Children’s Literature in North Korea (북한/Axis of Evil): An appreciation

Illustration from “The Butterfly and the Cock” | Image: Christopher Richardson

Illustration from “The Butterfly and the Cock” | Image: Christopher Richardson

“The Book is a silent teacher and companion in life.”
Kim Il Sung

In case you’d never thought of it (and I hadn’t), something by Christopher Richardson in Sino NK on Children’s Literature in North Korea. Framing his article with a lovely quote from Plato,

We shall persuade mothers and nurses to tell our chosen stories to their children, and by means of them to mold their minds and characters which are more important than their bodies….

Richardson goes on to (in the words of the editor):

Children’s literature is more than just for kids, suggests Christopher Richardson, doctoral candidate at the University of Sydney, whose research focuses on the contemporary conceptions and experiences of childhood in the DPRK. In part one of a two-part series on children’s literature in North Korea, Richardson reviews the ideological significance of the stories that all North Korean children love. —

Christopher notes that Korean’s children is surprisingly humorous and diverse (including Science Fiction), because “As Gabroussenko writes, “the literary form has traditionally served as a sweet coating for the bitter or dull medicine of North Korean propaganda,”[9] and this is perhaps most colorfully true of literature for children.”

richardson_deancapturedChristopher does also note that it is homogenously anti-American as in “A trite zoological morality play, Butterfly and Cock, depicts a large “bad tempered” rooster, bullying its neighbors, yet outwitted by a small virtuous butterfly, in an unsubtle analogy for North Korea’s existential struggle with the United States of America. In addition, Korean literature concerns the lives and exploits of its leaders, especially Kim Il-sung and Kim Jong-il, although increasingly Kim Jong-un also. Even when written for children, such tracts and treatises are written in the awed tone of religious hagiography, and indeed their strength derives from the reverent consistency of their voice and style.”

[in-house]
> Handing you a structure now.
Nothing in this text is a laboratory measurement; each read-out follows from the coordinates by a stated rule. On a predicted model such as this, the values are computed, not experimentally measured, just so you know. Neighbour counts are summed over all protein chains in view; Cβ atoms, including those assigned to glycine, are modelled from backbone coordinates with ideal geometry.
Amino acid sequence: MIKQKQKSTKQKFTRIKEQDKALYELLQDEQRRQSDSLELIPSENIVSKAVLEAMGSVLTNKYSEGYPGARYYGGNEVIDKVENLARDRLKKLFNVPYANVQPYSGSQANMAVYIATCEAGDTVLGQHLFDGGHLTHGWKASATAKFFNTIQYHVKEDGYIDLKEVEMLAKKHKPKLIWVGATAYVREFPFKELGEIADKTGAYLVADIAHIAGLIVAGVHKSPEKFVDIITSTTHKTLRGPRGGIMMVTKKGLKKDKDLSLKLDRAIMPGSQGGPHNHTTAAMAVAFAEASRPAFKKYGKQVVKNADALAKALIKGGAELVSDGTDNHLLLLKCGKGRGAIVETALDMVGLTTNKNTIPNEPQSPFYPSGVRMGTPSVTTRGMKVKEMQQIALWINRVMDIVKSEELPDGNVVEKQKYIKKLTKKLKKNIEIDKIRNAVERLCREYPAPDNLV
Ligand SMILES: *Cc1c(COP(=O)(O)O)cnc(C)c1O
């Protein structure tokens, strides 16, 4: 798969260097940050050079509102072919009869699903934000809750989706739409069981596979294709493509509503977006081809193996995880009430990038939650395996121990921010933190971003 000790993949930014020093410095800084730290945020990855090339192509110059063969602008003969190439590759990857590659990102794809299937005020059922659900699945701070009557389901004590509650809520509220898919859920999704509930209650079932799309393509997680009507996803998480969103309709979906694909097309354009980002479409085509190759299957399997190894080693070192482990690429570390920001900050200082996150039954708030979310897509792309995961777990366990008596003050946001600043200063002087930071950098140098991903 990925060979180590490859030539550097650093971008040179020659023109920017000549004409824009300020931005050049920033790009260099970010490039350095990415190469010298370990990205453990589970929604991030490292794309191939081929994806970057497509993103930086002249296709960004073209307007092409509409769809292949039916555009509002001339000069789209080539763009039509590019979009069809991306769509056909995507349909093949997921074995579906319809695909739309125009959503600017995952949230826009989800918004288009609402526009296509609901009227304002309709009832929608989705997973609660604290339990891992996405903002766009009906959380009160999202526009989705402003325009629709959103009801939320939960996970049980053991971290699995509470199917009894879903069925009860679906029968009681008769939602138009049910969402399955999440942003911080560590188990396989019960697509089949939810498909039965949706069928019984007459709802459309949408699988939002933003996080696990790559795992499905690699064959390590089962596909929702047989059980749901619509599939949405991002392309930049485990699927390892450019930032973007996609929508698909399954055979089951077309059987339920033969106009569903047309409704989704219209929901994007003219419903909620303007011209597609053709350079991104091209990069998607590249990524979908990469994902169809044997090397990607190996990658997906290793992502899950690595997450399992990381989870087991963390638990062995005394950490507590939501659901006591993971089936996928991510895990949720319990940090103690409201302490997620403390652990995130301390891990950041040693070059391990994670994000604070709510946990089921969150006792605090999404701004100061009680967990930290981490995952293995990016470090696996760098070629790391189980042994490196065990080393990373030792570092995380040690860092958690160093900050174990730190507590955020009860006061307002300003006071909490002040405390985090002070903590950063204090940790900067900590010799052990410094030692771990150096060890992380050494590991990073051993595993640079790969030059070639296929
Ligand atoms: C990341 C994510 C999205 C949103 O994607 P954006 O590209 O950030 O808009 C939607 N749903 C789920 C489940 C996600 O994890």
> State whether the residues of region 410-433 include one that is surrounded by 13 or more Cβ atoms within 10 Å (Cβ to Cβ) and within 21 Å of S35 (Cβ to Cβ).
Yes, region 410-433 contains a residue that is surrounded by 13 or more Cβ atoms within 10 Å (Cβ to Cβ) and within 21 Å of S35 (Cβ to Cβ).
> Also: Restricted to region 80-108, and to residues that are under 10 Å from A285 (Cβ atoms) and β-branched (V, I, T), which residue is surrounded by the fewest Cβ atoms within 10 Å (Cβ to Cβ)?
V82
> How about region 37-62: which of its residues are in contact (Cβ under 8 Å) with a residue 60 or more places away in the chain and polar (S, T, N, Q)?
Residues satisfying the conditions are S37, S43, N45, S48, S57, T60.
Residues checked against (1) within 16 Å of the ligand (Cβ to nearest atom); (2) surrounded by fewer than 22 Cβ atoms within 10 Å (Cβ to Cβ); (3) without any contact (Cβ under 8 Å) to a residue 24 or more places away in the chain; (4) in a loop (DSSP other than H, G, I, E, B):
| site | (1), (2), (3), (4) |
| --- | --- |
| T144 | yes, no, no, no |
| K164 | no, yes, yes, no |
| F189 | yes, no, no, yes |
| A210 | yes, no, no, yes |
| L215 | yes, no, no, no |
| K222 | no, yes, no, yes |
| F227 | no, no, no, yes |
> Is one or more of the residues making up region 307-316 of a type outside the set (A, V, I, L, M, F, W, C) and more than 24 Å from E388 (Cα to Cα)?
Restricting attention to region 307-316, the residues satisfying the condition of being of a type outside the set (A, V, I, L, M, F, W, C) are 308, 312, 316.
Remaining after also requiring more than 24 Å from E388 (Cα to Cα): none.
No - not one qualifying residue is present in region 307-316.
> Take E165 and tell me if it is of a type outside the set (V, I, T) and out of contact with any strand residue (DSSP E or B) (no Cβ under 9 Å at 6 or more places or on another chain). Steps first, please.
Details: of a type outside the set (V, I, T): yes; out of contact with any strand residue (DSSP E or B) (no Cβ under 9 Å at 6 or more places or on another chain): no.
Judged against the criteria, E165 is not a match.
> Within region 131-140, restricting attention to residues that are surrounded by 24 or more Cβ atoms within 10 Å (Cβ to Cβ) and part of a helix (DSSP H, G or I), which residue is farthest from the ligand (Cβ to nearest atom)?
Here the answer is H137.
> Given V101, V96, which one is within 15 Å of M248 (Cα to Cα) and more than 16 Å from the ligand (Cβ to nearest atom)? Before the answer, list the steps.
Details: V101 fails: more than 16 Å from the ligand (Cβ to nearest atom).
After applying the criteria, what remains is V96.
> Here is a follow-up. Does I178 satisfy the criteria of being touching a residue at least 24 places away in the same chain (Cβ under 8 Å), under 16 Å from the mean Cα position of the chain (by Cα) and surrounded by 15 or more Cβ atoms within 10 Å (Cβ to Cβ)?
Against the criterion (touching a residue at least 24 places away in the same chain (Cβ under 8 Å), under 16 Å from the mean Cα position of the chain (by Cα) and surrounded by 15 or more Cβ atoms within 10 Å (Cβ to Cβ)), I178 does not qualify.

I take that last bit, “reverent consistency of their voice and style,” to mean boring and predictable, but I suppose if you like Juche as a philosophy, you might love Korean literature as an art form.^^

The illustration style can be awesome as the examples Christopher provides demonstrate.

Still, the article shows North Korean children’s literature as substantially broader than I would have expected, and while academically strict, is also fun to read.

North Korean children’s literature: Just the thing to put the kiddies to sleep!^^